My disappointment in Denis Villeneuve and Dune.

First of all, I thought Arrival was a fantastic film. It worked for me on almost every level, and I ended up crying after the “reveal” at the end of the movie. Few movies (or books) cause me to react that way. It’s in my collection.

I was tentatively looking forward to Blade Runner 2049. The original remains a classic, and one of my all-time favourite movies, but sequels rarely do the original justice. However, I was disappointed. While it was visually interesting, and I enjoyed watching it, no single scene provided any kind of meaningful impact on the rest of the movie or on what had happened in the original movie. At the end of each scene, I was able to say to myself, “Okay, this scene could be removed, and nothing would be lost in the bigger picture.” By the end of the movie, I’d literally said that about every scene, making the entire movie somewhat pointless. So, while I’d say it was a “fun popcorn movie,” I didn’t think it offered anything of intellectual value, or was anything more than just something riding the coattails of the movie that had come before it.

Then there’s Dune. The trailers didn’t appeal to me all that much, and I felt the movie itself lived up to (or down to) what I thought of the trailers:

  • It tried far too hard to be “epic,” at the expense of actual story.
  • Scenes were slow, and there was always dramatic music—often signalling drama in a way that didn’t match the information being relayed.
  • As with Villeneuve’s past movies, the visuals were impressive. But without anything to back them up, they just seemed like wasted resources.
  • I’ve read the books several times, so I know the story well. But the writing glossed over character background and plot points all the time. Things just suddenly happened without explanation. I know what the explanations are, but if I’d gone into the movie without having read any of the books, I would have been left scratching my head at some of the events and motivations.

In short, I was bored and frustrated. I never felt engaged with the story or any of the characters. In fact, I just wished the movie would end so I could move on to a more enjoyable way of spending my time. When something is a chore to sit through, you know something’s wrong. I thought the visuals and music were all just smoke and mirrors, designed to make you think something important was happening, but really hiding the fact that the screenplay was lacking in exposition.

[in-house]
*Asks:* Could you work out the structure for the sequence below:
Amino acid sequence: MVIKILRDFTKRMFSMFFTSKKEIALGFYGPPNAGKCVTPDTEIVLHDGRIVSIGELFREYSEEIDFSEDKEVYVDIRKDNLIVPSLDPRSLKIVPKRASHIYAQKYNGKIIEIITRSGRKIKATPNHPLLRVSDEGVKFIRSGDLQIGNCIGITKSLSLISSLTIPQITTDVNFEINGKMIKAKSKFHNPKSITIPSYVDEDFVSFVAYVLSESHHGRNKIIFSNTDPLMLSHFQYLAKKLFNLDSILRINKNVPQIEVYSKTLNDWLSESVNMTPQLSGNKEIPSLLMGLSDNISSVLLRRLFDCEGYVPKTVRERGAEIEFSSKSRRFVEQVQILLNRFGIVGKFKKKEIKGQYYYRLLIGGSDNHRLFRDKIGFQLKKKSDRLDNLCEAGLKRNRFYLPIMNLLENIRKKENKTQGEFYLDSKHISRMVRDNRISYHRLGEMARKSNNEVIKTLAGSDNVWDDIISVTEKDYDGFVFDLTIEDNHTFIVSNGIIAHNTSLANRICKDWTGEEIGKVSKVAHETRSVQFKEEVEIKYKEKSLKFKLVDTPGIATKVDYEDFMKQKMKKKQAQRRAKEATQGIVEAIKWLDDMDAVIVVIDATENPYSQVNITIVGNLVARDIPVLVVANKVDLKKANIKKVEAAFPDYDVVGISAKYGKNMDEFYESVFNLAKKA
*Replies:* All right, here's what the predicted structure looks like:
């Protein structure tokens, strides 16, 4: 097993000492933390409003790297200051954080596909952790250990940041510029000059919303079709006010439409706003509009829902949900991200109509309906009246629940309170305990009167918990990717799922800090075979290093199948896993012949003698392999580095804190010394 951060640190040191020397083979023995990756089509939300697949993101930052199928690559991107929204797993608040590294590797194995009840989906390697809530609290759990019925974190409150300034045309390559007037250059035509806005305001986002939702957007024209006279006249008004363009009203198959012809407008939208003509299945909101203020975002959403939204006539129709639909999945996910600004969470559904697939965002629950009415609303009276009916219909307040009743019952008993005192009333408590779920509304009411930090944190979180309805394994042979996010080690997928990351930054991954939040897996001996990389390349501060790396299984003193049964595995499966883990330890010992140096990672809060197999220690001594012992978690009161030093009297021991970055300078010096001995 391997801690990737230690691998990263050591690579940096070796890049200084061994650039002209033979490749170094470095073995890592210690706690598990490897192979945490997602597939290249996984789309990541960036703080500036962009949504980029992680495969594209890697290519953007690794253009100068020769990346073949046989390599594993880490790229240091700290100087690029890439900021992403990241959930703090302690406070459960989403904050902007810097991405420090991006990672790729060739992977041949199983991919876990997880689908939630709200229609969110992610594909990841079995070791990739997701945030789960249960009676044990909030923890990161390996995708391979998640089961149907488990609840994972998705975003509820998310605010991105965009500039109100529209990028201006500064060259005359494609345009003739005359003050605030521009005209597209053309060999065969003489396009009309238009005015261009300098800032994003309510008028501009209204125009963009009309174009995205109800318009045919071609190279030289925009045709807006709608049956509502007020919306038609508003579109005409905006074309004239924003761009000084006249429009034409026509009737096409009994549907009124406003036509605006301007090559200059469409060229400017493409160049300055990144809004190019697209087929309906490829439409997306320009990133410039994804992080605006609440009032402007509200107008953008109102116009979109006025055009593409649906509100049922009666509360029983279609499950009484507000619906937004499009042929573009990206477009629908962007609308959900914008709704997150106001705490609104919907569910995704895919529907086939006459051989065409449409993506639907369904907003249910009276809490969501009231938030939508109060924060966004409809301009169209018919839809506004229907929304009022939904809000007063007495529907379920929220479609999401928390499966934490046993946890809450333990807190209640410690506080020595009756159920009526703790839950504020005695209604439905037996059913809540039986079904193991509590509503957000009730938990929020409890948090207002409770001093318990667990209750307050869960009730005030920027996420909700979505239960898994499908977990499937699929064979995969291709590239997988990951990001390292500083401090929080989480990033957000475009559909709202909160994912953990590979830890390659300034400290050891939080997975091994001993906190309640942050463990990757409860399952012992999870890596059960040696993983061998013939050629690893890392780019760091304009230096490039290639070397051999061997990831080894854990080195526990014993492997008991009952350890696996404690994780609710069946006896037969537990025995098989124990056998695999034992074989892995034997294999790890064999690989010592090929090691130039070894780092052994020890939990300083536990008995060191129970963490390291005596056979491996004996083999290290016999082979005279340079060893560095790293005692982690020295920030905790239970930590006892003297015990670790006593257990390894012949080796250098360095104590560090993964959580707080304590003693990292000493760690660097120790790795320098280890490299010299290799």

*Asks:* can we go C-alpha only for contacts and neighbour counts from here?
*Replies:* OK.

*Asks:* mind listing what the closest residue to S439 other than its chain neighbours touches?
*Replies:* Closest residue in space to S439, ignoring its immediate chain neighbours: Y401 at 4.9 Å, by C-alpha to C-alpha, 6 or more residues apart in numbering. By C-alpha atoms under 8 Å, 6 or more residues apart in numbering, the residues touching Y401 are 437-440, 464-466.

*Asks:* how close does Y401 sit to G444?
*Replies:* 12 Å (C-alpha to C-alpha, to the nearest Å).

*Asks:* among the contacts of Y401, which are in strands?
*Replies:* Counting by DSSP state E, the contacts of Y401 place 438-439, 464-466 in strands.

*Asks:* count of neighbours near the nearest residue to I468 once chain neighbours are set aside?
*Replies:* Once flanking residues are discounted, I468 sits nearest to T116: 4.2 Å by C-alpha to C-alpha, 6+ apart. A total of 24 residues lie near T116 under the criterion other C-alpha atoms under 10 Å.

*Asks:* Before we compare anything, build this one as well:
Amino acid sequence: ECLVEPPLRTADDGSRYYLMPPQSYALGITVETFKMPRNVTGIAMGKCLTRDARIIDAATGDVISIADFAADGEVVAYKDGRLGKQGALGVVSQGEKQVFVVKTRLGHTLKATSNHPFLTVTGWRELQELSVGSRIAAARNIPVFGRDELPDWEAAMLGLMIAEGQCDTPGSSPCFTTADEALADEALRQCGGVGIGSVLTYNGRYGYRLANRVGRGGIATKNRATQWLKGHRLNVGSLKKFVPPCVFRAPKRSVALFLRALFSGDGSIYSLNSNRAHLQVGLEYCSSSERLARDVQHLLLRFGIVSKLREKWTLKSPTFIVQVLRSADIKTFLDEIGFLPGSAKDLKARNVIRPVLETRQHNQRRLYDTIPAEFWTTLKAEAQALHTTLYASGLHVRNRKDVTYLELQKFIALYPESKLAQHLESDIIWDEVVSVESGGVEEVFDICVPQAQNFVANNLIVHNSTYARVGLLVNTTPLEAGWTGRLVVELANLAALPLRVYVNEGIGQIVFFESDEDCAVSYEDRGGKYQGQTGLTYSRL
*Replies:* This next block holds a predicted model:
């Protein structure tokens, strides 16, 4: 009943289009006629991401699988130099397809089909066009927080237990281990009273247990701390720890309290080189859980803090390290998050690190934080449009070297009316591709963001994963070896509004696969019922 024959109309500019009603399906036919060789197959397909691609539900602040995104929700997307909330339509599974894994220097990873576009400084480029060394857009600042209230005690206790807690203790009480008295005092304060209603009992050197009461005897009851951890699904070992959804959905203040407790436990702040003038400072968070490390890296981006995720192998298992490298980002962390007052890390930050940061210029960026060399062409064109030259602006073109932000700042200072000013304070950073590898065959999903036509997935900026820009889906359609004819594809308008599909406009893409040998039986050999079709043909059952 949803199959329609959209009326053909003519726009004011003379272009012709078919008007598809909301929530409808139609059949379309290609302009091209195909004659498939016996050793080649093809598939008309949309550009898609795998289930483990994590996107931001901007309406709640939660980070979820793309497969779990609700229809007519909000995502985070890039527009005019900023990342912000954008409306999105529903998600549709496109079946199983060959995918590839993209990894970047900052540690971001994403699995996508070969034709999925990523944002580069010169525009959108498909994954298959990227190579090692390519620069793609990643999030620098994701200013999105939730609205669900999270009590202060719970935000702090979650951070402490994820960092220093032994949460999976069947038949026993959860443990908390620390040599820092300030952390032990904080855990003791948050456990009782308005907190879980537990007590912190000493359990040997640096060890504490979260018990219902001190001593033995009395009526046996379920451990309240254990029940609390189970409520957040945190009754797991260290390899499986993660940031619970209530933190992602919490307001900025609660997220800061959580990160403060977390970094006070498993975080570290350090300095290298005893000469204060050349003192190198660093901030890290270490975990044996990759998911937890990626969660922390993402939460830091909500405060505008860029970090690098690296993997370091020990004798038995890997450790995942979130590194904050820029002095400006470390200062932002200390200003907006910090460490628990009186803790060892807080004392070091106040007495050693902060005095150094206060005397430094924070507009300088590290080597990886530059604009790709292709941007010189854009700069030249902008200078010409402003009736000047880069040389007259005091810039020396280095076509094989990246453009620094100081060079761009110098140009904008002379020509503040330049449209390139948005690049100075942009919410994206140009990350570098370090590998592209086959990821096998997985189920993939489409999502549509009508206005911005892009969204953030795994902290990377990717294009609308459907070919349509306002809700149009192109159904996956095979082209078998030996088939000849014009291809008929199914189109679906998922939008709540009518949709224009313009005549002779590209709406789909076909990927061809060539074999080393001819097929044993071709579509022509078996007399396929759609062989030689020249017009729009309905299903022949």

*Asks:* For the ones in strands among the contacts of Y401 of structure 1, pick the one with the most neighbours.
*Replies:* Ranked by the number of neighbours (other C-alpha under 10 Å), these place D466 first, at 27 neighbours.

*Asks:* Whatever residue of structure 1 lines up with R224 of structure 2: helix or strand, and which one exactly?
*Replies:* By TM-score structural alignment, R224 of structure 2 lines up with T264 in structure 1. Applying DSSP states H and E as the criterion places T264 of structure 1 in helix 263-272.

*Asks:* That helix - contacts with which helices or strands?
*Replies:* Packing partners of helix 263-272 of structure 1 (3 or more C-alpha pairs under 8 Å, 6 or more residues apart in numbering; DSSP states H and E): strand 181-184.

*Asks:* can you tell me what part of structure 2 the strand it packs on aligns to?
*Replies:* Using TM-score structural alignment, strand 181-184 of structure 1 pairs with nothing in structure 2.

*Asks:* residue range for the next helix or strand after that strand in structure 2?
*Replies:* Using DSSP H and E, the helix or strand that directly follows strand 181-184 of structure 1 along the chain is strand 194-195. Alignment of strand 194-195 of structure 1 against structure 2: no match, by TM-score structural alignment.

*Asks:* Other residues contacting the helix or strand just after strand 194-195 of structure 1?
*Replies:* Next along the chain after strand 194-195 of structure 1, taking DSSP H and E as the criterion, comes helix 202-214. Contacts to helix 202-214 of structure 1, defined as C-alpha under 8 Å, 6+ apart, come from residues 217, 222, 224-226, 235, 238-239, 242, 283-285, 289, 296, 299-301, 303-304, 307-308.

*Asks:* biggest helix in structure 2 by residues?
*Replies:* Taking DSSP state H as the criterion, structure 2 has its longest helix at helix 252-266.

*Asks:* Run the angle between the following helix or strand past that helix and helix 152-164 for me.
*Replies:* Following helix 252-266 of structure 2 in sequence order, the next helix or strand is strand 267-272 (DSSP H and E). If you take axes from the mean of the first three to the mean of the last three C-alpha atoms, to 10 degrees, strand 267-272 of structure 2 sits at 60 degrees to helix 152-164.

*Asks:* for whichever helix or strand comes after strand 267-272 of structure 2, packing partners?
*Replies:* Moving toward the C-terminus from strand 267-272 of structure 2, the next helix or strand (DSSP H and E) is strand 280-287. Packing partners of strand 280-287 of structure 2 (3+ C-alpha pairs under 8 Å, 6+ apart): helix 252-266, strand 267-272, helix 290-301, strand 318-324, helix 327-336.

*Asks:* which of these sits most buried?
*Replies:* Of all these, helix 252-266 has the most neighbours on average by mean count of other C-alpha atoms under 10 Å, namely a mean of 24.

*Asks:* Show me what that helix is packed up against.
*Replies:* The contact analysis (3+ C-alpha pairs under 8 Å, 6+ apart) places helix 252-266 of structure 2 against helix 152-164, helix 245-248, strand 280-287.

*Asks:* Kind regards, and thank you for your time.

While I could generously say that Villeneuve had little to do with the screenplay, there’s no way I can avoid blaming him for the plodding pace of many of the scenes that simply highlighted for me the fact that nothing was explained properly.

For example, I’d rather see Paul Atreides spend half the time he does trying to avoid the hunter seeker sent to kill him, if it only meant there could have been some kind of voice over or other narrative device that explained exactly what was happening during that scene. There was some tension in the scene, but not nearly as much as there should have been.

The same could be said for Paul’s encounter with the Bene Gesserit and the Gom Jabbar. For anybody not already familiar with the story, it’s clear that something is happening. But the way the scene is put together, and the way in which Timothée Chalamet has been directed to act out the scene, makes the dynamics involved and Paul’s internal thoughts and feelings unclear.

The end result is that for the entire movie, I felt as if my emotions were being played with in the form of the in-your-face music and visuals, seemingly used just for a forced “epic effect” rather being a natural extension of the story that builds to something epic without trying. I also felt that my intelligence was being insulted by the lack of background and exposition, as if it’s assumed that everybody already knows the story, and that the story is just a second-class vehicle for a long music video.

The David Lynch version of Dune deserved much of the criticism it received. However, despite that, it did a much better job of explaining the characters, their motivations, and the story. I felt far more engaged with Kyle MacLachlan’s portrayal of Paul, and the directing of the two scenes I’ve specifically mentioned. It had many more moments of “camp,” and induced eye-rolling and groans at times, but it at least kept my interest. It was another one of those “fun popcorn movies,” where I could put my mind on autopilot and just enjoy watching the movie as it unfolded. It was campy, but it never seemed as if it was trying to be anything else. So, I could appreciate it on the level it presented itself on.

In contrast, I found Villeneuve’s Dune to be boring, frustrating, pretentious, manipulative, and insulting. I am quite honestly amazed that it’s garnered the praise it has, not least of which its being nominated for all kinds of film awards.

Naomi Osaka’s press ban.

Naomi Osaka has said that she will avoid press interviews after any of her matches at the French Open. Participating in these interviews is part of contracts signed by players on the tour, and she’ll be fined $20,000 for each one she avoids.